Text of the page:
Which histologic findings are characteristic of vasculitis?

Updated: Dec 10, 2018
  • Author: Nadia Jennifer Chiara Luca, MD; Chief Editor: Lawrence K Jung, MD  more...
  • Print

See the list below:

  • Takayasu arteritis: Inflammatory infiltrate is composed of T cells. Macrophages are arranged into granulomas with giant cells. Concentric thickening of all layers of the artery wall (intima, media and adventitia) is noted.

  • Polyarteritis nodosa: Acute and segmental necrotizing vasculitis of medium-sized arteries is seen with an inflammatory infiltrate composed of neutrophils and eosinophils within the vessel walls and extravasation of erythrocytes and fibrin.

  • Churg-Strauss syndrome: In the lung, extravascular microgranulomas filled with eosinophils and intramural eosinophilic infiltrate are noted.

  • Granulomatosis with polyangiitis (GPA) (formerly Wegener granulomatosis): In the lung, granulomatous inflammation with mononuclear infiltrate including T cells, macrophages/histiocytes, and giant cells are noted.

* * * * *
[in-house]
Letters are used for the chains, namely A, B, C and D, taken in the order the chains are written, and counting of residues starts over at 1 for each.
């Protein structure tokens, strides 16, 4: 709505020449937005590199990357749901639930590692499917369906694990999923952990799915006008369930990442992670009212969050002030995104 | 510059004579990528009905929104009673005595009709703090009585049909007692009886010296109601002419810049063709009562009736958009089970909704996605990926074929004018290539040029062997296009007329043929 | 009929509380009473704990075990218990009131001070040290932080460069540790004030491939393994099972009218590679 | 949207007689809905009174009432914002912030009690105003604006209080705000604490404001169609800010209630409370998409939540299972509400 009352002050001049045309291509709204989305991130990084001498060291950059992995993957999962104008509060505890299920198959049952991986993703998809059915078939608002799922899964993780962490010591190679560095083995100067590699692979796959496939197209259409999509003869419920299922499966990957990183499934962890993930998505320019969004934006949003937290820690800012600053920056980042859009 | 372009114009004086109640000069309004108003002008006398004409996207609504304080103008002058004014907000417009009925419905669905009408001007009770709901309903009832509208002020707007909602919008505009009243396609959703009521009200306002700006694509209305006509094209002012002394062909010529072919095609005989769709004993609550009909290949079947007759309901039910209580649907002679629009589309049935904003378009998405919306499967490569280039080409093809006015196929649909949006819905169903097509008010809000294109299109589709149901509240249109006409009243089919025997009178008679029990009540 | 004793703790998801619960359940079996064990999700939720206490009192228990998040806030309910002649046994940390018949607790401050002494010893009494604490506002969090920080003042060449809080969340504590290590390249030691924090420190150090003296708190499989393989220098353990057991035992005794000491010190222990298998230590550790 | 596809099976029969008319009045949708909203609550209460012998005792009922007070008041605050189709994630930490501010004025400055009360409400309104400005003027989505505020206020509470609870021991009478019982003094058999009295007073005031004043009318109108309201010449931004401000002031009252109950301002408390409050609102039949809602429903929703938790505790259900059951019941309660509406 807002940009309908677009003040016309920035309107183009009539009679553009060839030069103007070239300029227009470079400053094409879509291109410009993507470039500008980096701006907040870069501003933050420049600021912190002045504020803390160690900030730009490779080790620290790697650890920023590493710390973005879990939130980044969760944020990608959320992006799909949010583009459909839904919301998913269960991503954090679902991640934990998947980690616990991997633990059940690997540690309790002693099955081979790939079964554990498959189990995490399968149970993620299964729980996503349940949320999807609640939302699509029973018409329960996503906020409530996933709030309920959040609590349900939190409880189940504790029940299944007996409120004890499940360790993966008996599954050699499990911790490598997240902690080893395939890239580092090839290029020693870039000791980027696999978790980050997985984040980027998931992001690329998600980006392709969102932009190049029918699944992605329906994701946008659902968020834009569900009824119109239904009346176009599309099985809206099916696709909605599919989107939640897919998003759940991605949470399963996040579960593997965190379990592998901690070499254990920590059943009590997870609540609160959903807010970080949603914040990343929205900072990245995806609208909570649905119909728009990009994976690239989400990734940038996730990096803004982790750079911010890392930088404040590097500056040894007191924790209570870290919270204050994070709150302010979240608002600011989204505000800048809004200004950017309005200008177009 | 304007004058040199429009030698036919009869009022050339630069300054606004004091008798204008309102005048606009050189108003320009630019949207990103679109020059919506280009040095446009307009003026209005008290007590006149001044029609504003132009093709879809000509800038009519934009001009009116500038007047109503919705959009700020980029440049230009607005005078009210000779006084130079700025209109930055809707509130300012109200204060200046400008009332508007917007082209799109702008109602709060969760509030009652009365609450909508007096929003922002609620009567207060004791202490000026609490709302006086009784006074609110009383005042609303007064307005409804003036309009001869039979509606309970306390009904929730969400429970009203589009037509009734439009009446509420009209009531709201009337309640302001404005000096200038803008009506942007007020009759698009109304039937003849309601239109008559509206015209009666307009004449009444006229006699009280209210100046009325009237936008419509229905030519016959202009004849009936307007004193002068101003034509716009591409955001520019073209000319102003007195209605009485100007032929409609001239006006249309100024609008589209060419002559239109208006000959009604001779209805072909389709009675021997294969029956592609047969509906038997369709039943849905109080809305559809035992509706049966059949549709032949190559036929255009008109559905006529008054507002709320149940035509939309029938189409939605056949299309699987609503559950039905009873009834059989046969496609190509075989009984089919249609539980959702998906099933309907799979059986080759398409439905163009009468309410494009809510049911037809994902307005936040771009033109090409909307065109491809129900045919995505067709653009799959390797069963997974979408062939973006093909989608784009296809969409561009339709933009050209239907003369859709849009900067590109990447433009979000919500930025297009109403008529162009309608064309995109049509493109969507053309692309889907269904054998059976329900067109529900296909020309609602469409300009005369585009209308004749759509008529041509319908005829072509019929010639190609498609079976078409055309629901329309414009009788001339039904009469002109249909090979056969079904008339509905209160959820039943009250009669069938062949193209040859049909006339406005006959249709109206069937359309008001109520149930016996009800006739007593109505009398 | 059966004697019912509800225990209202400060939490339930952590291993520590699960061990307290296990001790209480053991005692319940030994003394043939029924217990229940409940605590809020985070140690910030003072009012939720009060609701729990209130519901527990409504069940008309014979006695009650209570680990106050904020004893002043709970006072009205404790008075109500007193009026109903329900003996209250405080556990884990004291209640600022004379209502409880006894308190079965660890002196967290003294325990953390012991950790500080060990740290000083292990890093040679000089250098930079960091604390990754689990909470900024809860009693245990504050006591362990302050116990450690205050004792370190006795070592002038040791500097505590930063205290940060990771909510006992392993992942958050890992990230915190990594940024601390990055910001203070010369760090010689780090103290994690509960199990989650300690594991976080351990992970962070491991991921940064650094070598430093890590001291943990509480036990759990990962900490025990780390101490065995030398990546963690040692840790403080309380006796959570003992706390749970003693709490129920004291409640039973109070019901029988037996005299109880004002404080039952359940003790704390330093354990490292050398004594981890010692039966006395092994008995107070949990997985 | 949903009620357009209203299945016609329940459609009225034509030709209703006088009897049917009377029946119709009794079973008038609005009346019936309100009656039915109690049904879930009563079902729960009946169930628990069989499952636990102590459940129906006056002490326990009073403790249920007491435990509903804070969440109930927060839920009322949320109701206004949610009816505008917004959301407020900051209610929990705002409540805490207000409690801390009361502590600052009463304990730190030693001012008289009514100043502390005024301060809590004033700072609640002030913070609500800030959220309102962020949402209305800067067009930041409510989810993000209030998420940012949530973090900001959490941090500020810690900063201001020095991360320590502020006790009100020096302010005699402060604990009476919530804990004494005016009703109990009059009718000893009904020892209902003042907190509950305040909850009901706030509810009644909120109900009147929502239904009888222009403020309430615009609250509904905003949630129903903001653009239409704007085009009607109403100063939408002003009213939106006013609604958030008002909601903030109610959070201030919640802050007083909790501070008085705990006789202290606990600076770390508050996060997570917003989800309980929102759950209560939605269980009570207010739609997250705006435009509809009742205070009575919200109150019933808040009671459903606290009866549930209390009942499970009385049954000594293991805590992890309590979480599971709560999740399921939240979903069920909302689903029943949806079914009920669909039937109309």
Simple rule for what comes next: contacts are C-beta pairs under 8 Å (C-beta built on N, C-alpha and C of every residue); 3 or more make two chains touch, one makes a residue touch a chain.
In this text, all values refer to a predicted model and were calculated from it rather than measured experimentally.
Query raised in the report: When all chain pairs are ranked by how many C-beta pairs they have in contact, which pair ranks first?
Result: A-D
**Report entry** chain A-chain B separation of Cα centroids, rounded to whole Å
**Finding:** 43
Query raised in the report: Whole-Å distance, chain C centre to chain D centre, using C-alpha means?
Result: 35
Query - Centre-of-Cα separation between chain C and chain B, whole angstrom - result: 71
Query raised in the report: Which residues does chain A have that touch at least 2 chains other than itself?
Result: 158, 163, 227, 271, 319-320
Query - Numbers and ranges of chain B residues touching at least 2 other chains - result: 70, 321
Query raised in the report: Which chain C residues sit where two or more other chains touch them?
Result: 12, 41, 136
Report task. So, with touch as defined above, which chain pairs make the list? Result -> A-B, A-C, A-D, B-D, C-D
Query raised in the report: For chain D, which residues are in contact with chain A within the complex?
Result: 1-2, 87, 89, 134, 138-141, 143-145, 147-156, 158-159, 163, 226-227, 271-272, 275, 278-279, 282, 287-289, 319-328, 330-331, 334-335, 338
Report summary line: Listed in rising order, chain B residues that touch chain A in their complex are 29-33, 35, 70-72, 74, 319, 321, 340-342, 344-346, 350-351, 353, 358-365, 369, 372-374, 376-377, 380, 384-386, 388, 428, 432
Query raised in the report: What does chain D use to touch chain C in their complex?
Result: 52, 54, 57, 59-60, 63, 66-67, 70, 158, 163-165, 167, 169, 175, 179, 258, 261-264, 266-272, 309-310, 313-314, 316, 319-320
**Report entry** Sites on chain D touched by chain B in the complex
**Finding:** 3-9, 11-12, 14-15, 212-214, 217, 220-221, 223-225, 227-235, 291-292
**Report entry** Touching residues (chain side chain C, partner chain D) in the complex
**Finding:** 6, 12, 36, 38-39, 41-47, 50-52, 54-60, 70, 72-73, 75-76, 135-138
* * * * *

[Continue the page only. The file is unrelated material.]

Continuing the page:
• GPA and microscopic polyangiitis: Renal histologic findings include "pauci-immune" (ie, little immune deposition on immunofluorescence) necrotizing glomerulonephritis with large circumferential crescents, segmental loss of basement membrane, and tubulointerstitial inflammation.

  • Henoch-Schönlein purpura: Immunofluorescence demonstrates deposition of IgA, C3, and fibrin in the walls of affected blood vessels within the dermis and the endothelial and mesangial cells of the kidney. Skin biopsy reveals features of leukocytoclastic vasculitis with infiltrate of neutrophils and mononuclear cells.

  • Childhood PACNS: Segmental nongranulomatous intramural infiltration of predominantly T lymphocytes involves small arteries, arterioles, capillaries, and/or venules. Surrounding reactive changes may include gliosis, calcification, and pallor of myelin staining.

Did this answer your question?
Additional feedback? (Optional)
Thank you for your feedback!